On the openmoko side... I had my own kernel running there at one point, but it was stripped down way too much. Now I was able to patch my linux-z tree with _everything_, but result unfortunately does not work on openmoko.

29th March 2007

11:57pm: Another kitchen appliance trying to commit suicide
Long time ago, we had hot-air oven... It was obviously controlled by CPU, it even had reset button (labeled "clear"). When nearby appliances were turned on/off, its CPU would reboot, proving its power supply was pretty flakey. One night, this oven turned on the heating without turning on the fan, cooking itself. (We have seen it do weird once stuff before, fortunately we were able to stop it back then).

Yesterday, microwave oven tried to set itself on fire... and I was partly responsible. This beast is really misdesigned, one knob to select microwaves/gril, second knob to select time. Microwaves are _way_ more powerful than grill. To make toasts you need to gril for 5 minutes at max power. Unfortunately 5 minutes of microwaves at full power is enough to make toasts catch fire, as I found out yesterday.

The UI part of this microwave should definitely fixed, and I guess some safety mechanism would be nice, too. Like, how hard would it be to place few drops of water in sealed container, with temperature sensor, in microwave, and shut down when it goes >100C?

On topic of GPL violations...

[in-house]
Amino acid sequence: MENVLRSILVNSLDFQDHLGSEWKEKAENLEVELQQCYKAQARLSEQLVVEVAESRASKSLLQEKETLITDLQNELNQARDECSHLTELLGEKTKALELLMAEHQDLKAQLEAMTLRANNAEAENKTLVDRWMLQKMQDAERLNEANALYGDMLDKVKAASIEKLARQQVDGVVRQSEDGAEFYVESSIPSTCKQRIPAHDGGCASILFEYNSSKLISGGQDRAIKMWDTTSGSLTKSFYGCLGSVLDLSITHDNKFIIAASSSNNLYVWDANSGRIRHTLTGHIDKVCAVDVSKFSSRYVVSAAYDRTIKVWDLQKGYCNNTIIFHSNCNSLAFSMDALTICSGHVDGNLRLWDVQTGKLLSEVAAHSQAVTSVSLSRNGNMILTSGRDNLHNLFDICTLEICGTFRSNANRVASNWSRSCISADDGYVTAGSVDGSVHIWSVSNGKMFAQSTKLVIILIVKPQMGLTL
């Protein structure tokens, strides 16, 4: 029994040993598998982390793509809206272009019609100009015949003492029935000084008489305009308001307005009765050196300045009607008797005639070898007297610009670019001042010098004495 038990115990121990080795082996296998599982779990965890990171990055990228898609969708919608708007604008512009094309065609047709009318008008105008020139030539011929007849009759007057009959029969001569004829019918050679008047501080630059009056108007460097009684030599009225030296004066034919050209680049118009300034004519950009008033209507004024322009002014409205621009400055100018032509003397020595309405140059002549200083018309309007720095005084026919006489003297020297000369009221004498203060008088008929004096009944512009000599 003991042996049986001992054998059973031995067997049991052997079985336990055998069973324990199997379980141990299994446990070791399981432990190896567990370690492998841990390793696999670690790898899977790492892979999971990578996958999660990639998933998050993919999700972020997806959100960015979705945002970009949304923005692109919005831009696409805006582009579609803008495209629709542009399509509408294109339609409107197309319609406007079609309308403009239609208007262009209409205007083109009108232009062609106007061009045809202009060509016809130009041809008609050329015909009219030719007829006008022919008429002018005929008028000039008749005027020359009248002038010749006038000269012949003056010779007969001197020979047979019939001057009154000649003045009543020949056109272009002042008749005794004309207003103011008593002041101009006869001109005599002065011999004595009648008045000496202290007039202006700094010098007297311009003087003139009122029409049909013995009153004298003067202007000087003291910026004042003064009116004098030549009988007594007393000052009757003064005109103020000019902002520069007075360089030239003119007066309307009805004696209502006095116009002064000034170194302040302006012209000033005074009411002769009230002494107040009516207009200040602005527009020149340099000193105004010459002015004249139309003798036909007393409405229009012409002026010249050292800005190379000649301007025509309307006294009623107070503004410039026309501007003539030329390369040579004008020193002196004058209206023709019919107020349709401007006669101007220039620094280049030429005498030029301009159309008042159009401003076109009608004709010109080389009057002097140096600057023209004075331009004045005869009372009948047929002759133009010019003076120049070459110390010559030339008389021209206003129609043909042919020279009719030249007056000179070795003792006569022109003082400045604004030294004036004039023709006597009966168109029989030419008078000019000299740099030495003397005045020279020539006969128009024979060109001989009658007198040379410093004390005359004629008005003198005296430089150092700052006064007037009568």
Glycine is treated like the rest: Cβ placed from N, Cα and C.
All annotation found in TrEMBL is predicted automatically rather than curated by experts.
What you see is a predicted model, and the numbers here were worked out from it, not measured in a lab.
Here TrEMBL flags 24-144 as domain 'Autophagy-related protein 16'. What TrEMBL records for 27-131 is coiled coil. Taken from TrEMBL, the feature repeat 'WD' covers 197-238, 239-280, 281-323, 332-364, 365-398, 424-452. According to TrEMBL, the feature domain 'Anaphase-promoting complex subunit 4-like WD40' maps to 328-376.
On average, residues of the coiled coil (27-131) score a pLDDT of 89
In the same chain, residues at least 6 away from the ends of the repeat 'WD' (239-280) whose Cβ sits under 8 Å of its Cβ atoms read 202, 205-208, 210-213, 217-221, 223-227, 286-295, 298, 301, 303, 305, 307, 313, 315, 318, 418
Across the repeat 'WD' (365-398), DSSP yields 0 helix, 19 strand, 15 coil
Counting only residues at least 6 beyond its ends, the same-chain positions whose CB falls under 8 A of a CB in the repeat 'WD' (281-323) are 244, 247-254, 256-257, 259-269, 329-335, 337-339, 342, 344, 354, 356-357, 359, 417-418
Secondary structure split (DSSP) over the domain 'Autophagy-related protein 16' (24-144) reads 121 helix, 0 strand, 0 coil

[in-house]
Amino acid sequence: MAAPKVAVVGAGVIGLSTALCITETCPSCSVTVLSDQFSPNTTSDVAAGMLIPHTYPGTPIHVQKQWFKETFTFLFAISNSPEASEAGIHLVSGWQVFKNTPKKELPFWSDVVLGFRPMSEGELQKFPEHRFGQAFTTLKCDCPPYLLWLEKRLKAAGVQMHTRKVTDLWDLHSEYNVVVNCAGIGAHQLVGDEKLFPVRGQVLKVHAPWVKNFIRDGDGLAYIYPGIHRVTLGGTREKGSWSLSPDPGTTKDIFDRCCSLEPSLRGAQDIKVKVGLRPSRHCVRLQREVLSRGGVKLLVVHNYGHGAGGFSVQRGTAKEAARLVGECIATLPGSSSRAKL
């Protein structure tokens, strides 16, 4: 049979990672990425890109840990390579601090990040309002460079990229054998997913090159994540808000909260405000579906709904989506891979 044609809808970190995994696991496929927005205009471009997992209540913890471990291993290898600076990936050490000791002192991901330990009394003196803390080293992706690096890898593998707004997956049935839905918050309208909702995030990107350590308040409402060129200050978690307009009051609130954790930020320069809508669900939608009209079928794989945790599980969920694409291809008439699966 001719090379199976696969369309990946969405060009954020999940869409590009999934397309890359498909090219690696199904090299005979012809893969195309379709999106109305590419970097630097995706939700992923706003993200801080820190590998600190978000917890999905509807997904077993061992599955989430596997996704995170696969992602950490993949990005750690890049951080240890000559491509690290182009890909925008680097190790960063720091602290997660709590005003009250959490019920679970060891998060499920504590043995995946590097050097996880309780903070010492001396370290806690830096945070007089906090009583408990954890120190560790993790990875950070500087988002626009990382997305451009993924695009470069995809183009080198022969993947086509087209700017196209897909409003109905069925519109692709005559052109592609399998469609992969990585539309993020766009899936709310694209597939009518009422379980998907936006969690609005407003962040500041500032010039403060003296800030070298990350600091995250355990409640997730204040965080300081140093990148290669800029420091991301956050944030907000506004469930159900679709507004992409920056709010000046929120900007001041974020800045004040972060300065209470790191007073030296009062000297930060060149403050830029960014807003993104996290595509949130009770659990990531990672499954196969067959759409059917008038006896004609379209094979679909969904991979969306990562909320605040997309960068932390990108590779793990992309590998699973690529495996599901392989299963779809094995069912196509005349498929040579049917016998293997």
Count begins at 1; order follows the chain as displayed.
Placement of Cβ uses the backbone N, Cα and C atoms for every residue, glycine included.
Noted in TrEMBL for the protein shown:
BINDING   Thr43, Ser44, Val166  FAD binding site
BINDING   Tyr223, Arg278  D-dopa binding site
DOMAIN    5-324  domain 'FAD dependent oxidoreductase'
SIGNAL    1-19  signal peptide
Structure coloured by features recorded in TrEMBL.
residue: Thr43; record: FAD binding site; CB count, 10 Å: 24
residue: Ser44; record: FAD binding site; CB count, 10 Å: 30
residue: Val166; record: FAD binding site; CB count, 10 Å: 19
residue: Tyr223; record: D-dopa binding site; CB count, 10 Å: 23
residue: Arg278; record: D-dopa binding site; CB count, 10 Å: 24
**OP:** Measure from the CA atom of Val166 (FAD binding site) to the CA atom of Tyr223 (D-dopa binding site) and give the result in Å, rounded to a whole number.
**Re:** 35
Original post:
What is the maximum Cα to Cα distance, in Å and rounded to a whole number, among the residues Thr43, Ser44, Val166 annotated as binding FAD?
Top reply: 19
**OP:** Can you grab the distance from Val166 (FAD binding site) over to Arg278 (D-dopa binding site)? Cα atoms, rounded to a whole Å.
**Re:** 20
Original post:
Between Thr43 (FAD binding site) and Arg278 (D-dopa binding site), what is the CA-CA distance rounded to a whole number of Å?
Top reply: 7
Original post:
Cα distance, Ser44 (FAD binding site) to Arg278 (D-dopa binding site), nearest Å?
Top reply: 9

I believe we should start suing obvious violators. If someone distributes linux kernels without written offer for source code, and they do not reply to friendly "I want to see the sources" warning, they deserve lawsuit.

Next step are vendors of proprietary modules that took GPLed module as an example and derived from it. They deserve warning, then lawsuit.

That should send reasonable "don't mess with GPL" signal, while really only hitting the bad boys.

22nd March 2007

2:41pm: Note to self: getting bluetooth to work on spitz
...editing of /etc/pcmcia/bluetooth is needed; 2.6.16 kernel/modules work okay as distributed. One entry needs to be added, but old/invalid entry needs to be deleted. Starting syslogd helps with debugging.

20th March 2007

8:50pm: Yearly pm flamewar just came to the linux-pm list...
...and this year it includes pearls such as:

You interact with hardware entity when interacting with a clock,
so interacting with a corresponding software entity by appropriate
driver of software entity is the only meaning for now.
Making software entity to be cross-platform also makes sense. it only me, or does it sound like product of automatic-technical-paper-generator?

19th March 2007

1:20pm: GPRS working on openmoko
After _long_ fight, I got GPRS to work on openmoko (with great help of Jiri Kosina). Problem turned out to be... you actually need to pass username/password to the GPRS modem to get the link working. Ouch. I'll create page on openmoko wiki describing how to do it.

15th March 2007

7:28pm: tui now can call on openmoko
My text-mode phone-hack ( can now call on openmoko... adding missing "telephone" functionality. I guess I should add some kind of ringing, and I may be looking at something almost usable.